Gyan told him he'd not be able to spend much time chatting with him, for he had to attend his dad at home.
Dilip: What're you doing?
Gyan: I'm teaching in a school.
Dilip: What should I do, bro?
Gyan: What did you in there?
Dilip: I served in a restaurant.
Gyan: What did you do in your free time?
Dilip: I taught English to young Nepalese."
Gyan: Do what you did there then.
Gyan Did What He Had Been Done
Dilip was busy helping the children to speak in English like the natives do in Kanthmandu valley. For that he visited over a dozen schools. Later on he travelled to Pinkhure village in the east.
While Gyan preferred to engage in himself in two schools at a time.
So, since July, 2011, he served in an institute in Chabahil for 3 months. Then he served in a school in Maijubahal for one and half years.
While spending time with the children, he used songs in the classroom.
These are the songs:
Song -36, This is My Prayer to Thee My Lord -Rabindranath Tagore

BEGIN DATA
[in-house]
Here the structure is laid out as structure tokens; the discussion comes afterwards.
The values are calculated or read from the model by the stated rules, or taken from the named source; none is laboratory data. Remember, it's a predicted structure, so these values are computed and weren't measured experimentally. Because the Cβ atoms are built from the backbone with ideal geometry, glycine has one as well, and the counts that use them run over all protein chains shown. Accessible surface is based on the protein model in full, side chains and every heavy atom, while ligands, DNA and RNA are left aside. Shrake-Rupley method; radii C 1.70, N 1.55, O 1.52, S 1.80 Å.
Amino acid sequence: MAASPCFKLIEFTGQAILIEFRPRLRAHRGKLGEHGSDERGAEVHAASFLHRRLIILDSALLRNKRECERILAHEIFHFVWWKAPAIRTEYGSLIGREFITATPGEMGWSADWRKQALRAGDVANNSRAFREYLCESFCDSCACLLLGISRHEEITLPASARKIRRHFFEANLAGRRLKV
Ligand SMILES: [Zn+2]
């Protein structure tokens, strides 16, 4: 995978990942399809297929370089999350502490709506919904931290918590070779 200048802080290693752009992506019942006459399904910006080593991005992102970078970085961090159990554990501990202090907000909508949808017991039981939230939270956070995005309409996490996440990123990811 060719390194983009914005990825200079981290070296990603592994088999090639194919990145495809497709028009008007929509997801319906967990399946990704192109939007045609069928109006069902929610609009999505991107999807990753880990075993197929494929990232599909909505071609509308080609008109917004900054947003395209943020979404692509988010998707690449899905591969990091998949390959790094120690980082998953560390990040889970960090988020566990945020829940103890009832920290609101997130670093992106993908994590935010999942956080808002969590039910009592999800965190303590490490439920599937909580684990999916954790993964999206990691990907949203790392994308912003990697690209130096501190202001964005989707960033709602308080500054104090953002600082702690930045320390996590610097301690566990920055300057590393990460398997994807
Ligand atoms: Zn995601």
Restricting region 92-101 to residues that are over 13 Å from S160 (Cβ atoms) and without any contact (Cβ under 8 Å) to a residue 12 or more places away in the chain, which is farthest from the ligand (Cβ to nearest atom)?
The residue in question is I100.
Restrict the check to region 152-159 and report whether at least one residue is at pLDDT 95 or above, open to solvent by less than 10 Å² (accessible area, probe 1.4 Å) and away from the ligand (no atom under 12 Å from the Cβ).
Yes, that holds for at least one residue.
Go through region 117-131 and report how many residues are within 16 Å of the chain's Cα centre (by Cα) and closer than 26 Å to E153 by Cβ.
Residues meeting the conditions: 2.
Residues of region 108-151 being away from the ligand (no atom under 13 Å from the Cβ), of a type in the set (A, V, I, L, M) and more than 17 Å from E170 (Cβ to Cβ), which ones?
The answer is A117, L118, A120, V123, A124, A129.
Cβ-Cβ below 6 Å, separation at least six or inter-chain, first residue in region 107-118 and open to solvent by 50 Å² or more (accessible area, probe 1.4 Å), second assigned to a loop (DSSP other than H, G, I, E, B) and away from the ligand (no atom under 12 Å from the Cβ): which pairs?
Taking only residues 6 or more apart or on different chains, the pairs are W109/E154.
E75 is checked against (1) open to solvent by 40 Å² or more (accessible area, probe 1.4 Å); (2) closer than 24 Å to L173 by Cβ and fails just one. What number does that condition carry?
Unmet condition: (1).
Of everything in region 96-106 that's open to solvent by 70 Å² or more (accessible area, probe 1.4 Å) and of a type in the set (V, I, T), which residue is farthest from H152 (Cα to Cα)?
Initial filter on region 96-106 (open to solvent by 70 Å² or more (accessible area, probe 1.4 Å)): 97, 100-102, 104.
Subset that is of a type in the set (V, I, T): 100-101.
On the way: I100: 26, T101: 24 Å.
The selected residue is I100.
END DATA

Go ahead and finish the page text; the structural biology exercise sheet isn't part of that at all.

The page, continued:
I have a Dream-ABBA
It's a Beautiful Day. Greg Sceka
Song for the Children- Oscar Harris
Our God is an Awesome God- Rich Mulins
We shall Overcome- Charles Albert Tindey
The World Stands in Need of Liberation- Fr. Clement Campos
Hindred Miles- Hedy West
Morning Train Ride- The Seekers
Country Road- John Denver.
Top of the World- Richard Carpenter and John Bettis.
Una palama Blanka- George Baker.
Let There Be Love- Cliff Richard
He observed that the children preferred to hang on with the songs rather than going through English Conversations books and grammar.
However, he had to strike a balance, but with care.
They say songs help improve English pronunciation.
As years passed by, he realized that he did what Fr. Christopher Benedict had done to him long time ago.